It’s not immediately clear that there’s an art show happening at Von. The Bleecker Street wine bar always has art up, often the work of Charles von Herrlich, the bar’s owner. If anything, the pieces now hanging seem more eclectic, less unified, than usual. There are photo collages, street art, and a shattered mirror pressed into a rounded ceramic cone. There are no titles or names. The most obvious clue that there’s a show on is a handwritten sign saying that it continues downstairs.
“The guiding logic was that I know everyone in the show personally,” explains Emil Memon, the genial Slovenian expat who curated the show. On the Sunday night before the show—or the Monday morning, he corrects himself—he was “swept up in the big craziness of the Armory and wanted to do something more independent, more democratic.” He immediately e-mailed, texted, and called dozens of artists asking for pieces—and Charles, asking whether he could use the bar. He put the exhibition together in four days. “It wouldn’t have been possible even two years ago, without the smartphone and Facebook.”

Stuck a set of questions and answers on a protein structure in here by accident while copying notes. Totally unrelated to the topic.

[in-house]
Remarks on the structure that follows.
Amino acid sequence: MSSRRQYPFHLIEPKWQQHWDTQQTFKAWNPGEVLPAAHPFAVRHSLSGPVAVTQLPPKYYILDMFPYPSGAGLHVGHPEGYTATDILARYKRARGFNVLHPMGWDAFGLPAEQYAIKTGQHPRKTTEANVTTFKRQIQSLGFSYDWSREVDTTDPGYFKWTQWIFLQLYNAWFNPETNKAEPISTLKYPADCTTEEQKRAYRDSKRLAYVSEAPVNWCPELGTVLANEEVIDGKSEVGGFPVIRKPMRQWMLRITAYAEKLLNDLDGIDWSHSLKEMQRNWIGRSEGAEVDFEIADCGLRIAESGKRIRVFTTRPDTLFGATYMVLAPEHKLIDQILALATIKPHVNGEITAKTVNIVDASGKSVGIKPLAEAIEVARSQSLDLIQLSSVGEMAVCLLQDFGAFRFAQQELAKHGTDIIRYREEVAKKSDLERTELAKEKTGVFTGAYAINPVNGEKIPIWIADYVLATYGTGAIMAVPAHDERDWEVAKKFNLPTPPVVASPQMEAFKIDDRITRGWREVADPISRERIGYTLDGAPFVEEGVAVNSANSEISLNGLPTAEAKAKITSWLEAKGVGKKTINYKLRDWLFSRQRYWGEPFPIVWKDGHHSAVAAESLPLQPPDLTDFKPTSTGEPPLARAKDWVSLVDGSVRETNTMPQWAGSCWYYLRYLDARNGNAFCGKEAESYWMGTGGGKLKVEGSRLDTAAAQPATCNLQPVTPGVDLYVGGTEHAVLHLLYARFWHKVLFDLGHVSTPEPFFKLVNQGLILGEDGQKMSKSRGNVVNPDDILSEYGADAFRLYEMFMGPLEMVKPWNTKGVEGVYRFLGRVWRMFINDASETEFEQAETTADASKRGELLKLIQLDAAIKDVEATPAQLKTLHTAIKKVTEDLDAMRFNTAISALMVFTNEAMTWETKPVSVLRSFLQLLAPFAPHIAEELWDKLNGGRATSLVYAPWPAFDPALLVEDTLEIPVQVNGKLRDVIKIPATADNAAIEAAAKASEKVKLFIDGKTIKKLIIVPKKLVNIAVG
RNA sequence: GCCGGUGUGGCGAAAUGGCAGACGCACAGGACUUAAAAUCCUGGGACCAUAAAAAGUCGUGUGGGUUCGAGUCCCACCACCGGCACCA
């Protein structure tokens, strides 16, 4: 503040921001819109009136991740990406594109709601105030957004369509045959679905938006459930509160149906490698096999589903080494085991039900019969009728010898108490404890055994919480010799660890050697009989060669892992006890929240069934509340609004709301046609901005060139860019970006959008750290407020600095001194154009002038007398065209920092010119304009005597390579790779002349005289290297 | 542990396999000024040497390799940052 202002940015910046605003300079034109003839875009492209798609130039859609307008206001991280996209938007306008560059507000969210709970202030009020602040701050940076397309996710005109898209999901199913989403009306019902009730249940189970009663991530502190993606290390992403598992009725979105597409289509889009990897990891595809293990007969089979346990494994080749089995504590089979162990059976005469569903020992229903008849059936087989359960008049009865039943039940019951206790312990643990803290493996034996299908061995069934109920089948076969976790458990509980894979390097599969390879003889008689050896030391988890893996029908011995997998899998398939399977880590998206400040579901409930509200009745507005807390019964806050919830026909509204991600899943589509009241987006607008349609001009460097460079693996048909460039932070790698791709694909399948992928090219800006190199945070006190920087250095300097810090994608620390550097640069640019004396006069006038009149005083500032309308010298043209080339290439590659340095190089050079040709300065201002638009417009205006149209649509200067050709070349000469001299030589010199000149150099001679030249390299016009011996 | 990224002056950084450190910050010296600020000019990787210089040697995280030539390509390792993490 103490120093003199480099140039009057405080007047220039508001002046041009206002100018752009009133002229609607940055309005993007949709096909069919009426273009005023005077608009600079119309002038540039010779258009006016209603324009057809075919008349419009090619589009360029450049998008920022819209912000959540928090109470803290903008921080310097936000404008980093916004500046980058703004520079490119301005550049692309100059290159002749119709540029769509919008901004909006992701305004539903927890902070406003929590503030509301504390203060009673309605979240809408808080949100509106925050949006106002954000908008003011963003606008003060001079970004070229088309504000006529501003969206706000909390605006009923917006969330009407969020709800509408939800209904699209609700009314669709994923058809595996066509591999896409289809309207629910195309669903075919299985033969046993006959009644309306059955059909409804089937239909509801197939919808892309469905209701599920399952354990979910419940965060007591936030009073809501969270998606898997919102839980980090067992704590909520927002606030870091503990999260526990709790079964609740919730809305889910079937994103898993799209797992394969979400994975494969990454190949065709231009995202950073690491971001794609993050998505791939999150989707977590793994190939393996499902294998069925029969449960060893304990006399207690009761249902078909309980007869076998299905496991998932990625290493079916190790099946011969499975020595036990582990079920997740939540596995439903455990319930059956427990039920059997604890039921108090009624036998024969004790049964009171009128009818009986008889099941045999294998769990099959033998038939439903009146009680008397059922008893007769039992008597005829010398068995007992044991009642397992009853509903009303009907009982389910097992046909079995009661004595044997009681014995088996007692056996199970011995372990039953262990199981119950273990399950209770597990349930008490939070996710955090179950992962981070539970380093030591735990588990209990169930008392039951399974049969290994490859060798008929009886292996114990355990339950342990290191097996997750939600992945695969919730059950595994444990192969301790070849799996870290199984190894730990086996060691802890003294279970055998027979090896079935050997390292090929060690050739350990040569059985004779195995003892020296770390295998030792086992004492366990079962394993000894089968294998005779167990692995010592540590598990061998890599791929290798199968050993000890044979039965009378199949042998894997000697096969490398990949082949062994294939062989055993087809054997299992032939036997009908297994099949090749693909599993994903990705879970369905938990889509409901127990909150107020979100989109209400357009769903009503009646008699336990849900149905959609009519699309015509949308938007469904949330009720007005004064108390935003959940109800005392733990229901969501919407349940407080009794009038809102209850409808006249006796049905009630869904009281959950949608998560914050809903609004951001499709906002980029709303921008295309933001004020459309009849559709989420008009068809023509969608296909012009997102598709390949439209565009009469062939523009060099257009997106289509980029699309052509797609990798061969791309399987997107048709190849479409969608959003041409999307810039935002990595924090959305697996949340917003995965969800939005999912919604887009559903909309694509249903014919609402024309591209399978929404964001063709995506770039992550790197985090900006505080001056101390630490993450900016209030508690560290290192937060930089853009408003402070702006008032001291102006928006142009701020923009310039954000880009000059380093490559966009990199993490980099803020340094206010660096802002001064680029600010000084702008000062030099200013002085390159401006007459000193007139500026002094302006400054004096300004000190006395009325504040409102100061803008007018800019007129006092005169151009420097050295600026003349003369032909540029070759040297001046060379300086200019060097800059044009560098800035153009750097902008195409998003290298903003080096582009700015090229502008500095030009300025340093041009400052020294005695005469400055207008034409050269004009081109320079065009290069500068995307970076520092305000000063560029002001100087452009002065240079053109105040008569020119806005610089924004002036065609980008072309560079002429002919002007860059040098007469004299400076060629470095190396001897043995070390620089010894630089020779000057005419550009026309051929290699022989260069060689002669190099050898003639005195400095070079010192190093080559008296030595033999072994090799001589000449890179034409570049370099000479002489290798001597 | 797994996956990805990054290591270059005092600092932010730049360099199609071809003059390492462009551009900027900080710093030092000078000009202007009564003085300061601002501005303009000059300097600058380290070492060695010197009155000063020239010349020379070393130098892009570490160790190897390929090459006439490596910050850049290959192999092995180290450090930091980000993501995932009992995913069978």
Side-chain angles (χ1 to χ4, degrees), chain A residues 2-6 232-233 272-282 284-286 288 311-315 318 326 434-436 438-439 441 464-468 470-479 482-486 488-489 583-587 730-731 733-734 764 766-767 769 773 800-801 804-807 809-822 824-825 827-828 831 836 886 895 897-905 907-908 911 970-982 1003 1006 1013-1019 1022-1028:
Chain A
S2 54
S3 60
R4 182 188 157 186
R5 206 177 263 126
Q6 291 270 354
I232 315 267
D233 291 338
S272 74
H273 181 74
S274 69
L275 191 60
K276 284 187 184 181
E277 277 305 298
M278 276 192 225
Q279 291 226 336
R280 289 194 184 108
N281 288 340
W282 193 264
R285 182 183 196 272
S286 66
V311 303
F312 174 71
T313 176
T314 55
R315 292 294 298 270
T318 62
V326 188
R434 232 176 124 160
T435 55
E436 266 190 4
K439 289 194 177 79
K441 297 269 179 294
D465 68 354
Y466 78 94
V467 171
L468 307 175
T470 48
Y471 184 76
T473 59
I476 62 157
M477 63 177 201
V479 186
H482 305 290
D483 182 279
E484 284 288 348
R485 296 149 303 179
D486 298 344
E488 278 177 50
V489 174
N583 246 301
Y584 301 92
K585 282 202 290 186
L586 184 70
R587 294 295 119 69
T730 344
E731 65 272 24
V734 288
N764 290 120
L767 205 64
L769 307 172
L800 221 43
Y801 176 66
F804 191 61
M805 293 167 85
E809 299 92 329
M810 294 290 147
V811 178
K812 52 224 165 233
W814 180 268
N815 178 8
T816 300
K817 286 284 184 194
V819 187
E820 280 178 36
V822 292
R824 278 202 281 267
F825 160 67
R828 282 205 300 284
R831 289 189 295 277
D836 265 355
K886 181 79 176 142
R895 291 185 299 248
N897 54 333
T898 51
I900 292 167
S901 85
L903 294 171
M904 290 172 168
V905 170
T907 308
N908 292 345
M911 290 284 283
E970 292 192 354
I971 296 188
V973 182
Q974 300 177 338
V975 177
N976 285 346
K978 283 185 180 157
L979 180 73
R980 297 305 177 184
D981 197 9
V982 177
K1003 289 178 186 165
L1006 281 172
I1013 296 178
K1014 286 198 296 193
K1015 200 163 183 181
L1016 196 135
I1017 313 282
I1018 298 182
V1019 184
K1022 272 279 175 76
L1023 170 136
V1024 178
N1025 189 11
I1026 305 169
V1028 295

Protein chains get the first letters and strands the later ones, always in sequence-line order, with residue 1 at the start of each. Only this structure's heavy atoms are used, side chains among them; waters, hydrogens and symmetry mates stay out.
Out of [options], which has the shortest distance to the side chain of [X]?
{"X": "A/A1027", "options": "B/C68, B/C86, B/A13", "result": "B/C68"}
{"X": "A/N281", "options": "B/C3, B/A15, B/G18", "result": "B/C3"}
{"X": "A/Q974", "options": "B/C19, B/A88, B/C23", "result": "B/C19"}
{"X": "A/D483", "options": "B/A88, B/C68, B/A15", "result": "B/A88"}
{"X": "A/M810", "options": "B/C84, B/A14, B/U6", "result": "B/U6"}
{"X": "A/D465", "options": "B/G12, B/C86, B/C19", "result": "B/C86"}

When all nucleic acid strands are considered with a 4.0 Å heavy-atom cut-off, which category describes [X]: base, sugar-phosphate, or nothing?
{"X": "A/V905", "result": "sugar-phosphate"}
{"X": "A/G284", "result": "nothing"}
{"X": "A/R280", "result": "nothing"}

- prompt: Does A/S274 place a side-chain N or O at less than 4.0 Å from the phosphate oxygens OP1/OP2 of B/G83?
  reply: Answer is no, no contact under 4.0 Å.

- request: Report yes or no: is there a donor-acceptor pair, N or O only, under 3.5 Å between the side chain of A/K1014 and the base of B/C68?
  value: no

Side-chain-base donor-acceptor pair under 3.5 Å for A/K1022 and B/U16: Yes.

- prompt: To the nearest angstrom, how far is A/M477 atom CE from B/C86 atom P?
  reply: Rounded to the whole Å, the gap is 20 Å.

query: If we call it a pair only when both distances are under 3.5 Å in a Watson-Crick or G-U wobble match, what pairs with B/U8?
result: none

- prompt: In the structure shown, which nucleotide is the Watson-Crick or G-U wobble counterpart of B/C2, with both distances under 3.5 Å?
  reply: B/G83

Emil talks a lot about how technology helped him get the show together, but as he talks it becomes clear that he built his social network the old way: by hanging out in galleries and East Village bars and by being very enthusiastic about everything everyone is doing. When I ask people how they know Emil, most say “from around” with a look that says, How could you not.
An example of what around can mean. Andrew Strasser, who has an ominously lit video downstairs of himself getting hosed with Diet Coke, met Emil late one night at Vaselka while they were waiting for their checks. Later he brought Emil along as muscle in a job interview with Santos Party House. “I thought it’d help to make them wonder who this weird old guy standing there was.” Andrew says that he found out he was in the show when he saw his name on the flyer. Read More